5. Jesus of Nazareth. Seeing this as a kid made this the movie that shaped my original thoughts of what Jesus was like. But having experienced Jesus more now through reading the Bible, I think this portrayal makes Jesus seem a bit too solemn. He also sometimes seems like he’s in another world, disassociated with his humanity. I think the actor overplayed that part a little. Still, I really enjoy the sequences of Jesus teaching the people. There was a command in his performance as well that makes you feel like you are watching someone special. And without a doubt, James Earl Jones is my favorite wise man ever! While there are many variances and some created material in this movie, overall it stays closer to the Biblical narrative of Jesus than the History Channel version.

Ten Commandments

4. The Ten Commandments. The classic story of Moses and the Exodus. There’s a lot of extra-Biblical material added and in fact, I found that this movie is so popular that occasionally people I speak to are surprised that “facts” from this movie about Moses and Joshua aren’t in the Bible. Still, it will be hard for any actor to make a better Moses, even Christian Bale. And no one will ever make a better Pharaoh than Yul Brynner. “So let it be written; so let it be done!

Barabbas

3. Barabbas. The fictional tale of what happened to the man who was freed when Jesus was crucified. Its a fantastic story of the struggles so many of us face when God chases after us, but we run away. If you like old epic films, this one won’t disappoint. But of all the films on this list it certainly takes the most creative license.

Gospel of John

2. The Gospel of John. Like the Visual Bible movies Matthew and Acts, this film is based on a word for word presentation of the Bible. However, it is far better. It uses the more functional translation The Good News Bible which makes the dialog flow better in a film format. The acting and production are both very good for a Bible movie that stays so true to Scripture. Highly recommended!

Passion1. The Passion of the Christ

Wow. If you’ve seen it, you know.

Summer reading – books for diving deeper

24 May

While summer won’t officially be here for another few weeks, many of us are already in vacation mode, especially with the 3 day weekend upon us. So, here’s my Top 10 list of recommended theology reading for this summer.

First, let me be clear, this is not my top 10 favorite books. That list would certainly include more books by C.S. Lewis and Alexandre Dumas, and less books that make my head hurt. Instead, this list is for the person who wants to dig deeper into theology. All these books are a bit challenging, but none of them are too difficult to work through. Each one has been extremely beneficial to me and I encourage you to read them all if you are interested in the topic they cover. In my opinion, these are all just about as close as you can get to must reads for any student of Christian theology. Not that I agree with everything in all of them, I don’t; but they do help you get your mind around the issues they discuss. Here they are, in no particular order.

1. Decision Making and the Will of God by Garry Friesen

2. Should the Church Teach Tithing? by Russell Earl Kelly

3. Renovation of the Heart by Dallas Willard

4. Divine Foreknowledge: Four Views edited by James K. Beilby & Paul R. Eddy

5. How to Read the Bible for All its Worth by Fee & Stewart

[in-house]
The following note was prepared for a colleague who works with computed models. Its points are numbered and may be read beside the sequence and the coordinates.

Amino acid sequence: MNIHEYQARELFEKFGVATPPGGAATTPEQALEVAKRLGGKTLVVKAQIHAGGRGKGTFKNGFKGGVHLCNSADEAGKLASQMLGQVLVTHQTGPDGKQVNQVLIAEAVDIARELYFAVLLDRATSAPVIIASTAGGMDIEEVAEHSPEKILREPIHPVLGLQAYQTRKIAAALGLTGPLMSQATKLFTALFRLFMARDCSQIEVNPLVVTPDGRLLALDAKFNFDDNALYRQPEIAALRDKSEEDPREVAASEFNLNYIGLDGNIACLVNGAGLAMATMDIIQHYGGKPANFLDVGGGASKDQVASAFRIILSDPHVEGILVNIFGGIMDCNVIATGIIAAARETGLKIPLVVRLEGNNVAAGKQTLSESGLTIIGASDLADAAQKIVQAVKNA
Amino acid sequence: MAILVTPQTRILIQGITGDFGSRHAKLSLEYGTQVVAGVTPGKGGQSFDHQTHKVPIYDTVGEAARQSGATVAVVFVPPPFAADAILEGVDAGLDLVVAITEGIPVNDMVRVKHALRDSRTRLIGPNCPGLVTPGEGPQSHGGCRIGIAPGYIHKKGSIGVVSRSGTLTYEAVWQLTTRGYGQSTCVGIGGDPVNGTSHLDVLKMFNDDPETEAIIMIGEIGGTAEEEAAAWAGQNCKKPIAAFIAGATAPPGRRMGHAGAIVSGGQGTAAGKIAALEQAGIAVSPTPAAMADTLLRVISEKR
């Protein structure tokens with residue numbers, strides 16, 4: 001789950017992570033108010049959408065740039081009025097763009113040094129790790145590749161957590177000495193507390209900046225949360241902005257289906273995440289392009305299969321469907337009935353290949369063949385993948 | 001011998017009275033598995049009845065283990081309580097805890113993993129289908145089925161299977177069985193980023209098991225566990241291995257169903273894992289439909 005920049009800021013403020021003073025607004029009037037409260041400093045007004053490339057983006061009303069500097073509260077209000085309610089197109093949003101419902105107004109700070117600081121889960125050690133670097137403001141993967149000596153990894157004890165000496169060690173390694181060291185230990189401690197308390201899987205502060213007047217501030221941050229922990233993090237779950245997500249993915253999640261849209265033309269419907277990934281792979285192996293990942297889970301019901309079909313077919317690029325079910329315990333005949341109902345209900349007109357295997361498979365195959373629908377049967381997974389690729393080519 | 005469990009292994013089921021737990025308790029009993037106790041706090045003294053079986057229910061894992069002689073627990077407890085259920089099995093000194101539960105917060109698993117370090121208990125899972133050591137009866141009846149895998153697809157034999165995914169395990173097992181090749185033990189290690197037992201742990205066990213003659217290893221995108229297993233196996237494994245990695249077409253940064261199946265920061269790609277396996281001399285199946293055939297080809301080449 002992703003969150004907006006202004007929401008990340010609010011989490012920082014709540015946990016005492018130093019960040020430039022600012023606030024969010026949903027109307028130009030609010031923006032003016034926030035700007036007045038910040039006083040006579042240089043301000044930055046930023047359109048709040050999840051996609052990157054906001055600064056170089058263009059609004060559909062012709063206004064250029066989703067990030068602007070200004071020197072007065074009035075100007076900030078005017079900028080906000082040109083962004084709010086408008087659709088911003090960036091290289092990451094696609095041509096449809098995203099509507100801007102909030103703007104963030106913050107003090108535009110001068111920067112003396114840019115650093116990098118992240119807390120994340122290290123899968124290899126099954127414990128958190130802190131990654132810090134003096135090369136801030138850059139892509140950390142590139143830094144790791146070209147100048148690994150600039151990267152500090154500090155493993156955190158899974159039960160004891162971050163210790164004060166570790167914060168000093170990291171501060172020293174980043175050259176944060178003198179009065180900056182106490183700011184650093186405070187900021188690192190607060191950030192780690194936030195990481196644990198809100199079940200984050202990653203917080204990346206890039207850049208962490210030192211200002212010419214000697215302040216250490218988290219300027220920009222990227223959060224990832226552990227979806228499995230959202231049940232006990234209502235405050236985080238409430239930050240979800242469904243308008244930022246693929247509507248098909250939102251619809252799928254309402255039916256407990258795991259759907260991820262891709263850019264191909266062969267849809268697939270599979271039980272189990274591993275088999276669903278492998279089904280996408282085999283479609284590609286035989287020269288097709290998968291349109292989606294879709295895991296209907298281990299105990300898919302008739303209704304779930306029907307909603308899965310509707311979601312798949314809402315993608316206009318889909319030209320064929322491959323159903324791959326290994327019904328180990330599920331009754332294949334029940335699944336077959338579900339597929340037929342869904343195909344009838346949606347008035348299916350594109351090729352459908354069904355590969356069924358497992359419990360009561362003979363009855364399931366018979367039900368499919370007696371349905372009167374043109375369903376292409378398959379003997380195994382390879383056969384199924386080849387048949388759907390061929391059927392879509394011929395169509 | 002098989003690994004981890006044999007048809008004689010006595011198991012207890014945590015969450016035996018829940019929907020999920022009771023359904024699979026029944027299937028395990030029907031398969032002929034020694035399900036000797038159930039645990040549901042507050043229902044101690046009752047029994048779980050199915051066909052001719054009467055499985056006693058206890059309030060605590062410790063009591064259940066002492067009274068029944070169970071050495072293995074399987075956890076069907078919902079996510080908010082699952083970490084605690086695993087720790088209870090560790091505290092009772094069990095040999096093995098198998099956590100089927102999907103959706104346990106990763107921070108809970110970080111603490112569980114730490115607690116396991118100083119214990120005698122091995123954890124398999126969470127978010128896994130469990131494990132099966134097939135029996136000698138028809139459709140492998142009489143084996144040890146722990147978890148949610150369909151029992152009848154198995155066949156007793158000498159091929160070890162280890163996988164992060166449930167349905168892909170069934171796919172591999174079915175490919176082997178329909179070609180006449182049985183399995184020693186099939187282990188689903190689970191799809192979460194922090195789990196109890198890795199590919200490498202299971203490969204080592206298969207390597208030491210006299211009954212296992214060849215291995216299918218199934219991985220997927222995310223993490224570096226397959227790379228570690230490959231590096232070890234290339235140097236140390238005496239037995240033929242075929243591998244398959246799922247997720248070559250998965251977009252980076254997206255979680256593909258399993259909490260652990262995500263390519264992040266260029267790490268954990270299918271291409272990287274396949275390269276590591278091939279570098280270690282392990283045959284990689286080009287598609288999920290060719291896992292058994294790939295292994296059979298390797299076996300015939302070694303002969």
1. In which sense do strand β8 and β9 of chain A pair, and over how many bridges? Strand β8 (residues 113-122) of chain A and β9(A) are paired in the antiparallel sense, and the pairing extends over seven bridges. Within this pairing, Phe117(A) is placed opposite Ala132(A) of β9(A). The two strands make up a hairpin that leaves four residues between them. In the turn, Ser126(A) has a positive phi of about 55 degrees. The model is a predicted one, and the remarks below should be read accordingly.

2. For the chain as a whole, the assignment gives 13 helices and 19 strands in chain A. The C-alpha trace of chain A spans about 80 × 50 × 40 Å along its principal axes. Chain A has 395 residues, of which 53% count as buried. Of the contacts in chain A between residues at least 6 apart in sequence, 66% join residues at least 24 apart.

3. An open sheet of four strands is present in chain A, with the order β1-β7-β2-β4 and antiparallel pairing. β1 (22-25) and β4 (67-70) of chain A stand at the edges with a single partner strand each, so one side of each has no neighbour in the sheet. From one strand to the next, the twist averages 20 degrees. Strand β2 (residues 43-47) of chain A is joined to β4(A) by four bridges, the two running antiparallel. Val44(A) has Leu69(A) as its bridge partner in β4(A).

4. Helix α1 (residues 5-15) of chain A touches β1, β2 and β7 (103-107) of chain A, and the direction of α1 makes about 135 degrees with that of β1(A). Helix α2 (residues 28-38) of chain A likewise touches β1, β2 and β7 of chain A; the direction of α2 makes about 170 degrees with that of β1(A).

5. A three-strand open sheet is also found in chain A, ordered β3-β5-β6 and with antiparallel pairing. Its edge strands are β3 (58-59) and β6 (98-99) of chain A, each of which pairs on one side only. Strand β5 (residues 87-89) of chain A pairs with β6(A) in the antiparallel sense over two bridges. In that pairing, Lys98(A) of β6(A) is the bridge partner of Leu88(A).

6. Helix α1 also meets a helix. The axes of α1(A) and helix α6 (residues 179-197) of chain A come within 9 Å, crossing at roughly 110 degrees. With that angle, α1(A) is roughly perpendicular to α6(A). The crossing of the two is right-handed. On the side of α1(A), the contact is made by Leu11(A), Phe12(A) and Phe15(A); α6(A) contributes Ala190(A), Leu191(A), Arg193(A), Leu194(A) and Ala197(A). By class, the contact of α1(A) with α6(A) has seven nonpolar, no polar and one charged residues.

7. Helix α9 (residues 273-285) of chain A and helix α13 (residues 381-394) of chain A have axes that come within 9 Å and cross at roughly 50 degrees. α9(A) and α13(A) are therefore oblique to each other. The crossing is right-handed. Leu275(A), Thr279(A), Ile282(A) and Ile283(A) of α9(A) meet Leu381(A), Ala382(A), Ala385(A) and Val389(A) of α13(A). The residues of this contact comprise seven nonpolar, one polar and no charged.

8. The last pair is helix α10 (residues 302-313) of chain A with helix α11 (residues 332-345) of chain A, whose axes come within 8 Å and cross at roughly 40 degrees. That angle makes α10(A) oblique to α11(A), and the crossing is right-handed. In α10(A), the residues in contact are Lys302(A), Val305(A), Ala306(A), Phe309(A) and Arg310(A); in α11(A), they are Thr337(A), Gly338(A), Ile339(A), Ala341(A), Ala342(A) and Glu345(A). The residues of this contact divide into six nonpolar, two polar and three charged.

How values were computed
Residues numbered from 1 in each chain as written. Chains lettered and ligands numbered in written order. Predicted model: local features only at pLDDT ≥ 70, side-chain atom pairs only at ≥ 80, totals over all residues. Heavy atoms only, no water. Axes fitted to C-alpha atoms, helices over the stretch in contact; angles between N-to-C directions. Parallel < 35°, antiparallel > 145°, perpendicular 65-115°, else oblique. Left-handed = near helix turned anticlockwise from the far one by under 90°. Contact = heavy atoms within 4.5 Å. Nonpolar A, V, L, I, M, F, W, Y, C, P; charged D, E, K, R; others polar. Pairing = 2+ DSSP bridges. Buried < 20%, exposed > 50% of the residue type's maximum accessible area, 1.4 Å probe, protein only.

6. Relativism: Feet Firmly Planted in Mid-Air by Beckwith & Koukl

7. Heaven by Randy Alcorn

8. Science & Faith by C. John Collins

9. Love God with All Your Mind by J.P. Moreland

10. The Forgotten Trinity by White

11. Jesus and the Victory of God by N.T. Wright

Ok, it goes to 11, but that just makes it 1 better.

My favorite albums of 2011 – top 5

17 Feb

I wanted to wait a bit before posting my top albums of 2011 because there were a couple I got late in the year and I wanted to be sure to give myself time to listen to them. So here they are:

5. Jamie Grace – One Song at a Time
David Crowder Band – Oh for Joy would have probably been my fifth choice if it wasn’t for how much fun I saw my daughter having listening to this album. If you’ve got a little girl, this is a must. Fun, upbeat, enjoyable music. I even found myself singing “I’m a God girl” on one occasion!

4. Kassidy – Hope St.
Great album. A couple songs I don’t care for, mainly because of the lyrics, but overall I’m a fan of this new folk band out of Scotland. Favorite songs: That Old Song, I Don’t Know, Waking Up Sideways and Hope St.

3. Switchfoot – Vice Verses
I’ve always liked Switchfoot, but never enough to just listen to one of their albums, more to just buy a few songs for mixes. But Wow, this album blew me away. IMO, they reached new levels vocally and musically with this release. Favorite songs: The War Inside, Dark Horses and Thrive.

2. Burlap to Cashmere – Burlap to Cashmere
This CD is one of the best pieces of music writing in years. Anyone who’s ever studied music will be impressed with their ability to change timing in songs, and in fact to have some songs which don’t even have timing. Awesome music writers.

1. Josh Garrels – Love & War & the Sea in Between
The B2C album is fantastic, but unfortunately for them Josh Garrels put out another album in 2011. This guy is just a modern day Psalmist! While musically it may not reach the level of some other artists, it’s still very good. But his lyrics and emotion singing them put his work so far over anything else I’ve heard, not just for 2011, but ever. Again, just my opinion, but you should definitely check him out if you haven’t heard him. And by the way, this album is available as a free download from his website (at least for now).